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Many a times engineers run into a complex issue of delivering acceptable user experience over varying network speeds. You tube is a great example of this use case. It measures available bandwidth and adjusts its video resolution. This it does automatically using its flash plugin. Unfortunately flash is a luxury many web engineers do not have. Such a feature is important for applications such as google maps where large number of image tiles are delivered to the browser. If browser could sense low connection speeds then it can adjust some of the features on the fly to prioritize the data fetch. Or it could even tell server only to send slightly lower resolution images. This is a complex problem because effective bandwidth available for a webpage will easily be affected with client side usage, server load and any network bottlenecks along the path. In any case being able to measure server latency dynamically will let a webpage behave in more friendly ways with its end user.

Here I am outlining a simple way to measure server latency. My solution is to host a standard image at your HTTP end point. For my demo I am using Lenna in her BMP avatar. Then measure the time it takes to get Lenna on the client side. Since you know exact data size it is trivial to compute server latency. To avoid the effect of client side caching that most browsers would do, I am using an intelligent dynamic url scheme that would still deliver same image as long as url fits a specific pattern. My example code uses a NodeJS server. However this service can obviously be implemented using any server side technology.

Here is the Demo [I might remove this live demo in the future...may be]

Server listens on PORT 3000, Serves a static home page and also serves the same Lenna.bmp for any requests matching URL pattern ‘**/checkimage/**’

var express = require('express');
var app = express();

app.configure(function(){
  app.use(express.static(__dirname + '/public'));
});

app.get('/', function(req, res){
  res.sendfile('index.html');
});

app.get('/checkimage/*', function(req, res){
  res.setHeader('Content-Type', 'image/bmp');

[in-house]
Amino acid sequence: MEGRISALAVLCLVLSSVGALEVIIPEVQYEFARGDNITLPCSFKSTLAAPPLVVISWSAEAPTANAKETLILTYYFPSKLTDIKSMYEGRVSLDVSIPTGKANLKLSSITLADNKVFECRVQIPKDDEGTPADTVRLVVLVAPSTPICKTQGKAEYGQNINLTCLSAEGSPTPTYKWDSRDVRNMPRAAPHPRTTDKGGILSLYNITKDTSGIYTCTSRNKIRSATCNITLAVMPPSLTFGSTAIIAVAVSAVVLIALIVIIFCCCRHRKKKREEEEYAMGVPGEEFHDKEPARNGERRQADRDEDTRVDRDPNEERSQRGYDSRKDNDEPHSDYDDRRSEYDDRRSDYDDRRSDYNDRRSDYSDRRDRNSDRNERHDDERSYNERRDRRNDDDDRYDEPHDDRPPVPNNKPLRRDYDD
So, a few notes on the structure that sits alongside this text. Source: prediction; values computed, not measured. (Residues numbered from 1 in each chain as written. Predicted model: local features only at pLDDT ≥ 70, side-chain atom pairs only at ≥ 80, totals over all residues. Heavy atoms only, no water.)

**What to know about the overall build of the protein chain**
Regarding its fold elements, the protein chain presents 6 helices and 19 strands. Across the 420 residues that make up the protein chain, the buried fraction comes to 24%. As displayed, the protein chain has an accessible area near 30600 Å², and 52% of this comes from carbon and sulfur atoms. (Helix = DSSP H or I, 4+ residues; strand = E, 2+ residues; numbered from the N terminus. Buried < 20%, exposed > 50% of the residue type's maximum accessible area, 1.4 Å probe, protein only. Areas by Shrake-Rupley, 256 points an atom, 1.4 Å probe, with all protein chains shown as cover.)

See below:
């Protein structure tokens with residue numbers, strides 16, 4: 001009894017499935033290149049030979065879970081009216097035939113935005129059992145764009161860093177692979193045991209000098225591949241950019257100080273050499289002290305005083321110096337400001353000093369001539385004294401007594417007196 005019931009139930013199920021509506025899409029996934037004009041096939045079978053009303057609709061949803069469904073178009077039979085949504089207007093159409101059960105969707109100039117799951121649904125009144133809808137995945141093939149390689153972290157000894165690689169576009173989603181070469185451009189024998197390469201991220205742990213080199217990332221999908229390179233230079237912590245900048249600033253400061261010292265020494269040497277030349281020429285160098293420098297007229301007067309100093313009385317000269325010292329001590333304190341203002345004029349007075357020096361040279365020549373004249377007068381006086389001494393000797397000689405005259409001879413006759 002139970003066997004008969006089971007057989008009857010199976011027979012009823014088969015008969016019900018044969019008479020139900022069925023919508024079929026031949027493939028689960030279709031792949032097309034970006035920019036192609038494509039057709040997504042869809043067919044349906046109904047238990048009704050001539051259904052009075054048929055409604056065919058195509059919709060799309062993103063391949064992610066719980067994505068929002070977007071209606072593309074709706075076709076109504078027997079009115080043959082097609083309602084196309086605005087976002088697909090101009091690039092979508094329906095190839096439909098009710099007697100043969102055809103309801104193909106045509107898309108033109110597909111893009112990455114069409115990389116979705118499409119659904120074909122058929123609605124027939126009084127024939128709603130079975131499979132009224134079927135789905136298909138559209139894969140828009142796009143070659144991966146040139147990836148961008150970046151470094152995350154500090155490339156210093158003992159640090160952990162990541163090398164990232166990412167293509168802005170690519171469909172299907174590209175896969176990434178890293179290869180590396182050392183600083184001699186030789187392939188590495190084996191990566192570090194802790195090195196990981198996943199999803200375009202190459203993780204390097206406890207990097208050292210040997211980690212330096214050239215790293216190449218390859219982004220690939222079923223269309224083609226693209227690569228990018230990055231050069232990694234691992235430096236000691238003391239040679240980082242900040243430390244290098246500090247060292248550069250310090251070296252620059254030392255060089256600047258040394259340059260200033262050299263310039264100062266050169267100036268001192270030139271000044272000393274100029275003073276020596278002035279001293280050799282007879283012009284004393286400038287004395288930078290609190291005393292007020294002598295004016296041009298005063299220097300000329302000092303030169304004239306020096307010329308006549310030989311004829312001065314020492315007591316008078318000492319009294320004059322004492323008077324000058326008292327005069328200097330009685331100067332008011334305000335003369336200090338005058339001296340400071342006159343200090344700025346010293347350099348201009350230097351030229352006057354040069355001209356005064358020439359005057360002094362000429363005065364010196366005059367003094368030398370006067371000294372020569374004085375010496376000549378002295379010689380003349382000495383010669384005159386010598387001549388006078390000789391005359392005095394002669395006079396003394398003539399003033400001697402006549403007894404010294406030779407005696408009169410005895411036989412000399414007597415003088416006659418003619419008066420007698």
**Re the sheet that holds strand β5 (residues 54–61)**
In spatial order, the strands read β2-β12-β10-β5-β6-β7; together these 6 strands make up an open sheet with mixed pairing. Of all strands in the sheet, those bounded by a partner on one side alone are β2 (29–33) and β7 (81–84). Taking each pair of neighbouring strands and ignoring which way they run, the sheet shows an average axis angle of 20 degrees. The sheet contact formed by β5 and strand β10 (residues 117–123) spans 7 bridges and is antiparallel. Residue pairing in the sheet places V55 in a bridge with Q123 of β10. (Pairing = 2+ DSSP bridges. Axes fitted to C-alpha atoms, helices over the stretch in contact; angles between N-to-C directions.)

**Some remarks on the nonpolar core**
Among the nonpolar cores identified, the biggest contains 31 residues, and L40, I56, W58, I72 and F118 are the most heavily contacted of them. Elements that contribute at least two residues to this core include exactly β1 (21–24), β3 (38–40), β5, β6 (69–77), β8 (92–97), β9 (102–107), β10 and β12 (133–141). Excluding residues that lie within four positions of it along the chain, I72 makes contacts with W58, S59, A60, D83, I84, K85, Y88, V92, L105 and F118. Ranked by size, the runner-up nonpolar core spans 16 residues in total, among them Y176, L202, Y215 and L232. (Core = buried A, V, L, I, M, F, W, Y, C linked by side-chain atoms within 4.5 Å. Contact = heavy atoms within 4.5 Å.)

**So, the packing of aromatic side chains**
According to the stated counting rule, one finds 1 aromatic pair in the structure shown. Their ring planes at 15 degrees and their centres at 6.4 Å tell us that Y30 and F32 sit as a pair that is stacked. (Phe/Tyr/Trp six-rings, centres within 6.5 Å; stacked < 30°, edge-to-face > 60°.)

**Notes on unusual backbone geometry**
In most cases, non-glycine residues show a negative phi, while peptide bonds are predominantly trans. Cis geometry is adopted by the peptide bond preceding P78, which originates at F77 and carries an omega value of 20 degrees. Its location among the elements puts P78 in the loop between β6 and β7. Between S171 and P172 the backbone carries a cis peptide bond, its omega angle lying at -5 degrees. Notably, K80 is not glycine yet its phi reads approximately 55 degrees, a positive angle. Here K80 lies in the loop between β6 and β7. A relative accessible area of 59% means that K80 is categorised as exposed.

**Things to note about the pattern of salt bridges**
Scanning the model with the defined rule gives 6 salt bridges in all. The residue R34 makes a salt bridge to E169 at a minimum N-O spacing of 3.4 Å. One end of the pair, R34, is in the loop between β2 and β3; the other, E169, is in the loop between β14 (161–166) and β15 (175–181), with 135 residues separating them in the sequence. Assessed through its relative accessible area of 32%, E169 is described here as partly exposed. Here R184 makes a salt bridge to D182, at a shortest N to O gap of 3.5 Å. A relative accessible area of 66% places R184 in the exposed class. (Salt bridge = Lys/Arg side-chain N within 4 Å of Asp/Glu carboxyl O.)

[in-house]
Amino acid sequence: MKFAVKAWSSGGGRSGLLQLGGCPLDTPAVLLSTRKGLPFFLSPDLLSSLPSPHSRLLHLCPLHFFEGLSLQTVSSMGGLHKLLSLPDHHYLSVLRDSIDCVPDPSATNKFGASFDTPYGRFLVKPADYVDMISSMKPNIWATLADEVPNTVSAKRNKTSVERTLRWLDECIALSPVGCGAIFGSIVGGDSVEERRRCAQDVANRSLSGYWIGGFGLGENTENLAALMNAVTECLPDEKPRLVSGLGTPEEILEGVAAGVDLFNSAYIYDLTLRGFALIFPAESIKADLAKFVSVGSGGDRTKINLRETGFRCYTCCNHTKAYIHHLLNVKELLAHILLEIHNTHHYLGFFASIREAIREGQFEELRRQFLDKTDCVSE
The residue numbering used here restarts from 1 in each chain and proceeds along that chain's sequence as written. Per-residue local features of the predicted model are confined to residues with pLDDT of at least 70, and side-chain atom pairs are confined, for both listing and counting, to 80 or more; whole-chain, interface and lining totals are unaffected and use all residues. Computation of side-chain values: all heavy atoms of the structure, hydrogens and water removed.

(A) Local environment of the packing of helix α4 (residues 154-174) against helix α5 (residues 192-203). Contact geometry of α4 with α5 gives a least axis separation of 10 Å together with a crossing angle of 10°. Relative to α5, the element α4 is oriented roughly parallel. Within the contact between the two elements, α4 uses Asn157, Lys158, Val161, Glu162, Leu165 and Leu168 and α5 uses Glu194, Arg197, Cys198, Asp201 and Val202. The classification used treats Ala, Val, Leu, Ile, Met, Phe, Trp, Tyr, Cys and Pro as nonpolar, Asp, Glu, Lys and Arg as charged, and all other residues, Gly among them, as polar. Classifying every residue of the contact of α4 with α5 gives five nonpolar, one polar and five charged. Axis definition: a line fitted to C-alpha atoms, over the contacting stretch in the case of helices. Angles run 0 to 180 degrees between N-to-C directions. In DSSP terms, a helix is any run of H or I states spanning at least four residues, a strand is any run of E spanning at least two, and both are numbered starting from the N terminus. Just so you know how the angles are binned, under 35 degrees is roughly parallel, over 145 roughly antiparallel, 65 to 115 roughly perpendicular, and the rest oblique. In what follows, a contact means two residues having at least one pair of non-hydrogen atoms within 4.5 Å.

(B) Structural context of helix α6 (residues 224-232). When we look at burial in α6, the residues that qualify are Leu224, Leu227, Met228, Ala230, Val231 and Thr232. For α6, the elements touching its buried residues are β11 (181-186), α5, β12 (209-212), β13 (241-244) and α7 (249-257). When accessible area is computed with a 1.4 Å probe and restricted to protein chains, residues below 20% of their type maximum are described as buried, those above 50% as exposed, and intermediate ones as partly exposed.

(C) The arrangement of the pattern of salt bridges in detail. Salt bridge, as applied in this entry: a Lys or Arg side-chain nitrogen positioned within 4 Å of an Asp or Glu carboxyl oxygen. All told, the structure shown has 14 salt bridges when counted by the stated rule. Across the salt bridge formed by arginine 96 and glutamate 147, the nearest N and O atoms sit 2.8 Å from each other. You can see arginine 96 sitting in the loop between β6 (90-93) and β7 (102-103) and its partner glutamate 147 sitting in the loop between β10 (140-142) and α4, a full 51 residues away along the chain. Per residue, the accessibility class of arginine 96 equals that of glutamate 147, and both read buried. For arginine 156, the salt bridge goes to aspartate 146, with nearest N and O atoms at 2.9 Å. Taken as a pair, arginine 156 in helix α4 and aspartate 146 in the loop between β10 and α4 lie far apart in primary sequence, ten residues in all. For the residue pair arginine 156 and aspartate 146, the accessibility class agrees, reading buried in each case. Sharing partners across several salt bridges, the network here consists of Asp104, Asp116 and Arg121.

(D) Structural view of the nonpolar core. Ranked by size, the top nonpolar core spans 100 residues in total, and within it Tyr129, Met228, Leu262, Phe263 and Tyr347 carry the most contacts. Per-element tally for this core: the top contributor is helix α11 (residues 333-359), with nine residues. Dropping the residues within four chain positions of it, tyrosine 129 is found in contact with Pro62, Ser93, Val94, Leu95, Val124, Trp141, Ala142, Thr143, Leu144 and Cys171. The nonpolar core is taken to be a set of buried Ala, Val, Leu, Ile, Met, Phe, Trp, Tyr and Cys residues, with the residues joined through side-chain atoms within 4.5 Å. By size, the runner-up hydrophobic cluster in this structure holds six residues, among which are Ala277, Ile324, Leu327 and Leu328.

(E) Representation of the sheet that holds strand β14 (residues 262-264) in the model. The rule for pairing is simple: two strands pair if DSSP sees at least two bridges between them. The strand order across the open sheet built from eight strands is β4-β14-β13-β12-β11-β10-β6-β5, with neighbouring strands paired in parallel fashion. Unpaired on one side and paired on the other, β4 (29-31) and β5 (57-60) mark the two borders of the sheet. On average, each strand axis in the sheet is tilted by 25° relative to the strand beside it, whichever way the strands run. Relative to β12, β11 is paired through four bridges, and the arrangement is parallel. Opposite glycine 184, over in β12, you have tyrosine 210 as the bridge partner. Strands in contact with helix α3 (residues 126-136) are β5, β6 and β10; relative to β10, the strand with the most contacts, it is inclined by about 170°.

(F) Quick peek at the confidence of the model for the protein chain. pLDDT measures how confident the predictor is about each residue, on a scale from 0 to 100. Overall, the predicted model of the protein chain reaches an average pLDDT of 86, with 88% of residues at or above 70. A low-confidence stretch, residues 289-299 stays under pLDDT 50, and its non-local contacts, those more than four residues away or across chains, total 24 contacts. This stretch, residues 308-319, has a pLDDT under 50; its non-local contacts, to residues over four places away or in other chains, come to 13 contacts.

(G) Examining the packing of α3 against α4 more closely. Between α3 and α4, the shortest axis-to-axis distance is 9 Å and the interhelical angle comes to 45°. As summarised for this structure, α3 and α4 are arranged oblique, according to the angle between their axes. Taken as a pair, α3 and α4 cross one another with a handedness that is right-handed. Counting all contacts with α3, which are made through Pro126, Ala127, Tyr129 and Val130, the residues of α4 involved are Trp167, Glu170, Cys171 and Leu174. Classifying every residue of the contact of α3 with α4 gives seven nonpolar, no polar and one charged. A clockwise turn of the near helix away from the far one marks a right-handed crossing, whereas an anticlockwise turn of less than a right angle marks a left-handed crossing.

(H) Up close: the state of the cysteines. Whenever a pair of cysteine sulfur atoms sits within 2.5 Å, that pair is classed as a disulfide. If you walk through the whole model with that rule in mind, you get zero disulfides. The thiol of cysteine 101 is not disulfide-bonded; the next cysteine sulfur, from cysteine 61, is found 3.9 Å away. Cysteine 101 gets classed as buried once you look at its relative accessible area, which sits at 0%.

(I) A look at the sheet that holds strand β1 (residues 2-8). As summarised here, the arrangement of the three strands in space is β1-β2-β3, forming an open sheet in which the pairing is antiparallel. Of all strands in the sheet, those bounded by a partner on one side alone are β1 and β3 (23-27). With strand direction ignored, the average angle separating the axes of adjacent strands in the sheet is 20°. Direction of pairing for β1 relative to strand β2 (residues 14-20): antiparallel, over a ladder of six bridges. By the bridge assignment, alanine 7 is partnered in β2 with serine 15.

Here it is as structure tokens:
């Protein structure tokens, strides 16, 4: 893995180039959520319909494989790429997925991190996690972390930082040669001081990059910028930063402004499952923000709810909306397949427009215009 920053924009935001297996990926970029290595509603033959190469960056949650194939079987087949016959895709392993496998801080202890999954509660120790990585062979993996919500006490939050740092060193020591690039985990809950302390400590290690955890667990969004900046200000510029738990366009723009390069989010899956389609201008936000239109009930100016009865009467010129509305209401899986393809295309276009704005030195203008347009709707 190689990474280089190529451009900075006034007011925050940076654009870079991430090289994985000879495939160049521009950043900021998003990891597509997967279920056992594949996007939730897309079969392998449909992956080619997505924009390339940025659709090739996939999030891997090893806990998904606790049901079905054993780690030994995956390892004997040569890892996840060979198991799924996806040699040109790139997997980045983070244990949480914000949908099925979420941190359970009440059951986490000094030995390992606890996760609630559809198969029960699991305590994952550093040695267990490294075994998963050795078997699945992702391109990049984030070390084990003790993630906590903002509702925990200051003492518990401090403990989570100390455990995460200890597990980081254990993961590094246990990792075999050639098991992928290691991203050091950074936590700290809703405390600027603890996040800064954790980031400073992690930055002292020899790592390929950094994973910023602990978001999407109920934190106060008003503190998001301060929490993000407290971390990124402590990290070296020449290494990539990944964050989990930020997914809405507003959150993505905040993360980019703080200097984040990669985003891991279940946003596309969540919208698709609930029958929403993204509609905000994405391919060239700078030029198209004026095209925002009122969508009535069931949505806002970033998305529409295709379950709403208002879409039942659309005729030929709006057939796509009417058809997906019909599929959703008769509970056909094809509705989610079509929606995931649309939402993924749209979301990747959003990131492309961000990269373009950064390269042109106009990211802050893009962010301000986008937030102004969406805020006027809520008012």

res.sendfile(__dirname + '/public/image/lenna.bmp');
});

app.listen(3000);

Client has one big large blue button. Clicking that will call a javascript that will make an ajax request back to the server for Lenna’s picture. Here we are constructing the request URL in such a way that browser cache will not know it is the same data we are querying again and again.

    	function checkLatency(){
            testLatency("/checkimage/" + new Date().getTime(),
              function(latency){
                $('#latency').text(latency);
                $('#latencymodal').modal('show');
              },
              function(error){
                console.log(error);
              }
            );
    	}

      function testLatency(url,fnSuccess, fnError){
            var start = new Date().getTime();
            $.ajax({
              url: url,
              processData: false,
              contentType: "image/jpeg",
              method:"GET",
              success:function(data) {
                var end = new Date().getTime();
                fnSuccess(end - start);
              },
              error:function(error) {
                fnError(error);
              }
            });

      }
  

Finally we show the measured latency numbers on the webpage – along with Lenna’s picture.

server_latency

While method is not very scientific, it is guaranteed to give you an accurate measure of the response time you can expect from the server real time.Once you have the latency numbers with you proceed to decide whether the QoS is GOOD, BAD or UGLY, as defined by your application needs. On detecting a higher than acceptable latency application can either let the user know through a friendly message that things are a bit slow or can proceed to serve content appropriate for the connection speeds.

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